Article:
Soccer might just as well have been on the card Wednesday night at Scottsdale Stadium. But it was fans of Mexican baseball, with their faces painted red, green and white — and wearing and waving their country’s flags — who showed up.
That’s just what Major League Baseball hoped for with the inaugural World Baseball Classic. Although Mexico’s opponent was relatively unknown South Africa, fans of Mexico showed up and made their presence known, cheering from batting practice on.
“We will follow our country’s team in any sport,” said Azucena Salinas, who traveled from Reynosa, Mexico, with friends to see the game. “We’re proud of them. They are major league players, but we know they still love the game and their country. They play with heart.”
Julio Garcia had simple reasons for making the trek from San Diego. “I come to see my country play,” said Garcia, his face painted to look like a Mexican flag, “and my cousin.”
Garcia’s cousin, pitcher Esteban Loaiza of the Oakland A’s, said the players relish the opportunity to participate in what they hope will become an annual event.
“Seeing the support and the way the fans dress up and show Mexico’s colors feels great,” Loaiza said. “This tournament is brand new and can’t be compared to the World Cup. But, it can get there. That’s what we’re trying to do here.”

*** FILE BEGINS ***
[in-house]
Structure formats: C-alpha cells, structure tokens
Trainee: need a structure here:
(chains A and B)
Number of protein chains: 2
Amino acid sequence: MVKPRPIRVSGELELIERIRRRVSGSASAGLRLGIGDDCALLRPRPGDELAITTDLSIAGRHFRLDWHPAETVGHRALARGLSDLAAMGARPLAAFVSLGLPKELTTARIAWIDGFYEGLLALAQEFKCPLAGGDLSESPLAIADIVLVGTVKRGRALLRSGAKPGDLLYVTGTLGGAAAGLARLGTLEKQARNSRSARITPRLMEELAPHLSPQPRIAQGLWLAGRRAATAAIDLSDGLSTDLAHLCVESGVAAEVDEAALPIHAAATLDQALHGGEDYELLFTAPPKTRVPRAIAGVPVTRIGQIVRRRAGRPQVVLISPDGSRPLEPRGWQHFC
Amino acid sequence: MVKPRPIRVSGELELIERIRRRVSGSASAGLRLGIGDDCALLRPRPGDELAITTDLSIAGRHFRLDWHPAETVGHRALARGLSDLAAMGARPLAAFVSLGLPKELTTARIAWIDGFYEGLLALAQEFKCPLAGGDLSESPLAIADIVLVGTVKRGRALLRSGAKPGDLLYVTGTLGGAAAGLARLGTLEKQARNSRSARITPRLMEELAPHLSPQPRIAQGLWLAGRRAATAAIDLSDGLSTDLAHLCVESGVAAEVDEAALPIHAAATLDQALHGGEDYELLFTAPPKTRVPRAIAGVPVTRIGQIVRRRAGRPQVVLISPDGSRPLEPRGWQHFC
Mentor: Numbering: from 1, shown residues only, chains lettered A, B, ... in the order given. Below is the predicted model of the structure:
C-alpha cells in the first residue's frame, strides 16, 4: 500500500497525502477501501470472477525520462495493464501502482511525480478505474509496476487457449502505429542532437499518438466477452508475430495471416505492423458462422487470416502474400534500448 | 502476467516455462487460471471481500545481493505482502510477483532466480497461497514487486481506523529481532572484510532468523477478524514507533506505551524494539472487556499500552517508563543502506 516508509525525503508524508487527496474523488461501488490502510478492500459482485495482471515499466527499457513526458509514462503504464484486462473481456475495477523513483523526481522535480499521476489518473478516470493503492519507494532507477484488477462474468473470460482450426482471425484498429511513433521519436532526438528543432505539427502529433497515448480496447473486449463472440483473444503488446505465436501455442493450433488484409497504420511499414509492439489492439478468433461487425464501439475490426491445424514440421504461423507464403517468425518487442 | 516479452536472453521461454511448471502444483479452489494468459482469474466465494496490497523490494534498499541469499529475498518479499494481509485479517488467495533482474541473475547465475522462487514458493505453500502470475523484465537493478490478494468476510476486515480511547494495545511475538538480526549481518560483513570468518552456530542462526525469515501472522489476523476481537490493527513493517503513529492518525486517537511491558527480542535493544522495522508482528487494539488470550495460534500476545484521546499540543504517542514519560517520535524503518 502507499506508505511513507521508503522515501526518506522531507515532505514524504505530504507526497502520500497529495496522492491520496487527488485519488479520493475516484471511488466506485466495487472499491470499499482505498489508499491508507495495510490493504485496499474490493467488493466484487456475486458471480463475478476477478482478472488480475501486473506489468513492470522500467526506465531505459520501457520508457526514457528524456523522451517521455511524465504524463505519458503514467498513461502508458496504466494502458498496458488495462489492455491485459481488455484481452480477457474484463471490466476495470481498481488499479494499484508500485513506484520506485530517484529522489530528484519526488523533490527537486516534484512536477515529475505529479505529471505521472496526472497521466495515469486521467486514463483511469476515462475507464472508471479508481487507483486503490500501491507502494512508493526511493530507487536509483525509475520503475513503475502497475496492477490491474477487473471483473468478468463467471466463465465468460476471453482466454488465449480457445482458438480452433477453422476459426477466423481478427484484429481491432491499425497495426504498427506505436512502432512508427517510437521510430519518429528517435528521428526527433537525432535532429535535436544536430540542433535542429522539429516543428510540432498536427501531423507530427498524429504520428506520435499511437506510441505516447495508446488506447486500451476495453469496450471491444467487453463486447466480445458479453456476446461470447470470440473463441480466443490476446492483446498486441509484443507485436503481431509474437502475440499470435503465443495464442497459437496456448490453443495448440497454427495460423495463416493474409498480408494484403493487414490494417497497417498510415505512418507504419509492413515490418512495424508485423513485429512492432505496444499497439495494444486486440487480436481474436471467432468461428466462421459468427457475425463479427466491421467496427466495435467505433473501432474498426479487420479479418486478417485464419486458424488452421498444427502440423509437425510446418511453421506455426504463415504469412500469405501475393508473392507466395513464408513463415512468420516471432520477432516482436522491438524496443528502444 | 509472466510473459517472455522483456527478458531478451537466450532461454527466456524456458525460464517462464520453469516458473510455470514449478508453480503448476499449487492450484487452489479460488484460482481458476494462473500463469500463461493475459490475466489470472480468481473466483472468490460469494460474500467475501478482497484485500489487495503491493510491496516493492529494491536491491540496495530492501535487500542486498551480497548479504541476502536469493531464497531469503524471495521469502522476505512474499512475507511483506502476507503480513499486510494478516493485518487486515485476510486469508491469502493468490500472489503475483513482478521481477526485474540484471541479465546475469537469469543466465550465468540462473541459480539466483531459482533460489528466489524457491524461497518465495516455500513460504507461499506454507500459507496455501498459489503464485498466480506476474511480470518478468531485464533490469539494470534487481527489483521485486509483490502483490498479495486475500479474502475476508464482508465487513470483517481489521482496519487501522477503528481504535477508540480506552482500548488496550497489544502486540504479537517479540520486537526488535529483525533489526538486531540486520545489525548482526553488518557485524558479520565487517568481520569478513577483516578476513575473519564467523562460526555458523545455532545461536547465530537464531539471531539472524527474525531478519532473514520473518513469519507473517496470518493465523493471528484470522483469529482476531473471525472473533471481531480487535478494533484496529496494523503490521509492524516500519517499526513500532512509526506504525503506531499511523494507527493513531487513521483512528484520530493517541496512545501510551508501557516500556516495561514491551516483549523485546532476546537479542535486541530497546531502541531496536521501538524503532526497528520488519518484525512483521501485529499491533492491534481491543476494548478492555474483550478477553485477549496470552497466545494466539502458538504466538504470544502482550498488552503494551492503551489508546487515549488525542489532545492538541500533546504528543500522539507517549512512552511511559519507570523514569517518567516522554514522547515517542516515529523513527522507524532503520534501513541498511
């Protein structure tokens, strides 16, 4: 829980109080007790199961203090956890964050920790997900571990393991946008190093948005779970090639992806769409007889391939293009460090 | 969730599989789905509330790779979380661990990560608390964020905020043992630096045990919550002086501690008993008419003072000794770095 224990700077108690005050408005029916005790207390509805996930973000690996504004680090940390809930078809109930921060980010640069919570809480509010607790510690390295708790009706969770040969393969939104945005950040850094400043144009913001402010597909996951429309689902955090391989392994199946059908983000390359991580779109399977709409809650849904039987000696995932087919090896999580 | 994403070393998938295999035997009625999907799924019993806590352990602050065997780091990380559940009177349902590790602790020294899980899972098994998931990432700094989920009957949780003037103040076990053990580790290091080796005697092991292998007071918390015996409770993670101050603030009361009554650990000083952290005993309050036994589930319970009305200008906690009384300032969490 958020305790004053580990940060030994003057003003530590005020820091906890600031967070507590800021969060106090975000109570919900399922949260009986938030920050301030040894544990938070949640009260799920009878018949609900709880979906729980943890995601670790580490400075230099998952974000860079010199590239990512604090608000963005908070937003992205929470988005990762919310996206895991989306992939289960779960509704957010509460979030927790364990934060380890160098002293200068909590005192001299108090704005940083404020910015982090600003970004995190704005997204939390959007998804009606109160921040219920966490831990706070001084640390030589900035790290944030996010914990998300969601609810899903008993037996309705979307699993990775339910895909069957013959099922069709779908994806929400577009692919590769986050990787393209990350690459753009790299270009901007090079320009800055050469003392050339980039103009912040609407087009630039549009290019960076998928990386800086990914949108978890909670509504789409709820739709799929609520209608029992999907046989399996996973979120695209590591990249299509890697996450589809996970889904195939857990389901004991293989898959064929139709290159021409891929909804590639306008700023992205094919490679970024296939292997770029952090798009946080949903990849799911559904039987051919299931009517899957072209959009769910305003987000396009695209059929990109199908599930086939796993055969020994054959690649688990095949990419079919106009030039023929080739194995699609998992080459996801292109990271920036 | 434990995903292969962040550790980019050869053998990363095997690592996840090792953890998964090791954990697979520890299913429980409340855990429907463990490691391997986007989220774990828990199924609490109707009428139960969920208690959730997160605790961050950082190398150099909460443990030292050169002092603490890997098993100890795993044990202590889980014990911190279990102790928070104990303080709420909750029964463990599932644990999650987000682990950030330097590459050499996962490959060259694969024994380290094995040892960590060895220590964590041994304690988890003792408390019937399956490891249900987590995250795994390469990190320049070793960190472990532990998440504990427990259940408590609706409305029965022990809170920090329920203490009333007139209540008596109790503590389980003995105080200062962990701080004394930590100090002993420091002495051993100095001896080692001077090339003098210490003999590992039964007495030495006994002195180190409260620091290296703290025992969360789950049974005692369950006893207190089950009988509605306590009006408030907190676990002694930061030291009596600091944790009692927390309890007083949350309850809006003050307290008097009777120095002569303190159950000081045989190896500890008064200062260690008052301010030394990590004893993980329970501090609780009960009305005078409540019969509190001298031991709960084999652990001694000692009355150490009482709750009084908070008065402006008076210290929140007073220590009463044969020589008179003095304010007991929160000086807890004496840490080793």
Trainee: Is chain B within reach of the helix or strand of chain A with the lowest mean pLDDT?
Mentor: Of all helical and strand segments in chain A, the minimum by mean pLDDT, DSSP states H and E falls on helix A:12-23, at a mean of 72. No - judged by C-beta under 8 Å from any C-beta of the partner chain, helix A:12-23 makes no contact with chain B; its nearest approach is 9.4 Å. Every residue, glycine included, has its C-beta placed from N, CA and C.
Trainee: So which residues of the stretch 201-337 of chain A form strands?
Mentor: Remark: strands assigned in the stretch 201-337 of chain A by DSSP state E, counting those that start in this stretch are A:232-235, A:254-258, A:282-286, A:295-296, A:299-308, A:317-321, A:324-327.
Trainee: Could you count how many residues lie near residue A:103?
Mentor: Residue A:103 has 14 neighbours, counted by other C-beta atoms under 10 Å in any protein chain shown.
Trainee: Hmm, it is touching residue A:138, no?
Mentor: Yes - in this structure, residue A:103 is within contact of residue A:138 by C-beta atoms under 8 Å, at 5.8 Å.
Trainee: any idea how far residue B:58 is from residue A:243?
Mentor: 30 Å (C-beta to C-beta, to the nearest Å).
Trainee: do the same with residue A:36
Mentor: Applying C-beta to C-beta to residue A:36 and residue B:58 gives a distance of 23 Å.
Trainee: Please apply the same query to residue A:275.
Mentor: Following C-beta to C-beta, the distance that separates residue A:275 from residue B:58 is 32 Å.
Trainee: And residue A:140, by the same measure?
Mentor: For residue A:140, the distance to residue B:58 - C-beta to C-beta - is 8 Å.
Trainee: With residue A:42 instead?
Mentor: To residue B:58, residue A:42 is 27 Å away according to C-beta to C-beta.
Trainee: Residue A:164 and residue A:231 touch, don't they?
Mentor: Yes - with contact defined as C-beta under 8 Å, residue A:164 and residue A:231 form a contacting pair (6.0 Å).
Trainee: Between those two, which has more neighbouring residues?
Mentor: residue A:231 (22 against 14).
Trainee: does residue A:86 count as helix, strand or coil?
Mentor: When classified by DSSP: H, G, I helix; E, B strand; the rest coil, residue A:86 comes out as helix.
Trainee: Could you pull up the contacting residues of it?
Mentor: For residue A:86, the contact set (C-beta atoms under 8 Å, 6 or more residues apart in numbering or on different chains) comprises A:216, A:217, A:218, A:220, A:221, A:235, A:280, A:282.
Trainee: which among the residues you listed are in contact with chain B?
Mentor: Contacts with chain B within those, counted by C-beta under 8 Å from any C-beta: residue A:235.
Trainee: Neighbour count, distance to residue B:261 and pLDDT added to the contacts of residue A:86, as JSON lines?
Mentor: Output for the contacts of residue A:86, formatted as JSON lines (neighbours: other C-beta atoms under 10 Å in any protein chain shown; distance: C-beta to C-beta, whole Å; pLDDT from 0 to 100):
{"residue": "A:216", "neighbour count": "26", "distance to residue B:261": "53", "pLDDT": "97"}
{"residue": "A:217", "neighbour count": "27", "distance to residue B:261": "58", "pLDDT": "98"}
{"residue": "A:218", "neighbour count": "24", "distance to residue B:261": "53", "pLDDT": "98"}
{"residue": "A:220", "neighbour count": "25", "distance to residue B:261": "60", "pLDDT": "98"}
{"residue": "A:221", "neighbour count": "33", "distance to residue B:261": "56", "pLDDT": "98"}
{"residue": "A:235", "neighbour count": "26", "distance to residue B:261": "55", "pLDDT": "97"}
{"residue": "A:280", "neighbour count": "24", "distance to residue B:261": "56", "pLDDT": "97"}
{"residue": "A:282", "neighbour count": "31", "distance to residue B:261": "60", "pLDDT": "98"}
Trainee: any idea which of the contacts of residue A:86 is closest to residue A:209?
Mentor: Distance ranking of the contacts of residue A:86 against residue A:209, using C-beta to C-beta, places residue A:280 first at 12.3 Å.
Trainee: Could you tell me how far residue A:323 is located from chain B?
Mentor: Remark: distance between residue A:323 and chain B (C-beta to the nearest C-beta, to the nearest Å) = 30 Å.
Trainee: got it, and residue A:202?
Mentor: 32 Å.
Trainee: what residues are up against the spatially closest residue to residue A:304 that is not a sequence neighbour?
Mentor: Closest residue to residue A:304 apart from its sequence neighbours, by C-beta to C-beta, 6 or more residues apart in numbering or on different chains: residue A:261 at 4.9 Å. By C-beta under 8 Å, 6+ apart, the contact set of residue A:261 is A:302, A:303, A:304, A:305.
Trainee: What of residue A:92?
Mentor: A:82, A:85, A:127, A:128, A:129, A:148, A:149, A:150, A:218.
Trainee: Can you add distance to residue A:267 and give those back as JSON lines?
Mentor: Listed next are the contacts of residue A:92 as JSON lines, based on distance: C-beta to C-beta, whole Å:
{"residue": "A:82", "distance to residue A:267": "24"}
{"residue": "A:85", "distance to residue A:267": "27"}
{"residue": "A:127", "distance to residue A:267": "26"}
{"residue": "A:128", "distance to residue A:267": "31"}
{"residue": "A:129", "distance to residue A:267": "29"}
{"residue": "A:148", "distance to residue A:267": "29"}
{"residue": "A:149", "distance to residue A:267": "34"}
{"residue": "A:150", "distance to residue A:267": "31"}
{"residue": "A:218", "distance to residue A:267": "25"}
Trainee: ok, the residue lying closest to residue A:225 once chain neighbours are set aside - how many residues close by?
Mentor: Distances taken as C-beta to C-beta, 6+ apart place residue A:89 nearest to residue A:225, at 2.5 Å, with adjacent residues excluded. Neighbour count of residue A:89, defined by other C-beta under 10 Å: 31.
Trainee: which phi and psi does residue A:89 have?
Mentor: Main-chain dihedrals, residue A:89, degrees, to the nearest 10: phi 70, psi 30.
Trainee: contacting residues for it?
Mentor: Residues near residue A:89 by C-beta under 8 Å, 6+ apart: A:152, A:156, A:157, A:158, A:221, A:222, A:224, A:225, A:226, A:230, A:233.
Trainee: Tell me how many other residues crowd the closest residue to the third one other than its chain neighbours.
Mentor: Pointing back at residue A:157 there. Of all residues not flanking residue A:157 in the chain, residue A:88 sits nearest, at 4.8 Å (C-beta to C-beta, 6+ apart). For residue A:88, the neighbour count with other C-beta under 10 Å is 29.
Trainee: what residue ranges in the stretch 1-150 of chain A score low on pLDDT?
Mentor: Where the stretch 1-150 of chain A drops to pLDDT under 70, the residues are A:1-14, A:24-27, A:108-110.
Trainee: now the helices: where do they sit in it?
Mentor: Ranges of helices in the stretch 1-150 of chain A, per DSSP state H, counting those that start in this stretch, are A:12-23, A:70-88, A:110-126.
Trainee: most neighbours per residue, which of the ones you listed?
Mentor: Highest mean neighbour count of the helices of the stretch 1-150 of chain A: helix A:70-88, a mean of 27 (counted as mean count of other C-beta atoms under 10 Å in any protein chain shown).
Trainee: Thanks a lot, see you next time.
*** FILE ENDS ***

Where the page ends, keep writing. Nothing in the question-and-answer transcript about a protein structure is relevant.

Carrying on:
Jose Acuna Jr. came from Las Vegas with friends and family to see all four games at Scottsdale Stadium. Mexico was the one he really waited for.
“National team things are always a big deal,” he said. “I’m a baseball fan. Now that they dropped baseball from the Olympics, this tournament will become like baseball’s World Cup for us.”
Carlos Licea of Mazatlan, Mexico, with a Mexican flag draped around his shoulders, spoke with pride of being at the game.
“They have to start somewhere with this (tournament),” he said. “It’s fun to see it at the start and say you are a part of it. Who knows what it will become?”
A group of about 300 employees of Dräger Medical participated in a company fun event Wednesday at McCormick-Stillman Railroad Park. Dräger, which has offices throughout the United States and abroad, develops, manufactures and sells products, services and solutions for acute patient and home care.
Activities included building and racing covered wagons, a Wild West Olympics, tricycle races and the favorite, bike building 101. Each team of eight or nine members was given an unassembled boy’s and girl’s bicycle and had to put them together.
Six children from the Boys and Girls Clubs of Arizona were given bikes. The remaining bikes, about 50, will be given to other needy children.
Joan Golen of Scottsdale said she was one of a few Arizonans attending the event. Most were from municipalities around the nation.
“It was a surprise to us. We didn’t have time to figure strategy or anything,” Golen said. “We just worked together to get them done. We just all had fun.”
Jerry D’Agostino of Long Island, N.Y., was happy to be on the West Coast. His job was putting wheels on the two bikes his team assembled. Did they come out OK? “Yeah,” D’Agostino said. “The second time.”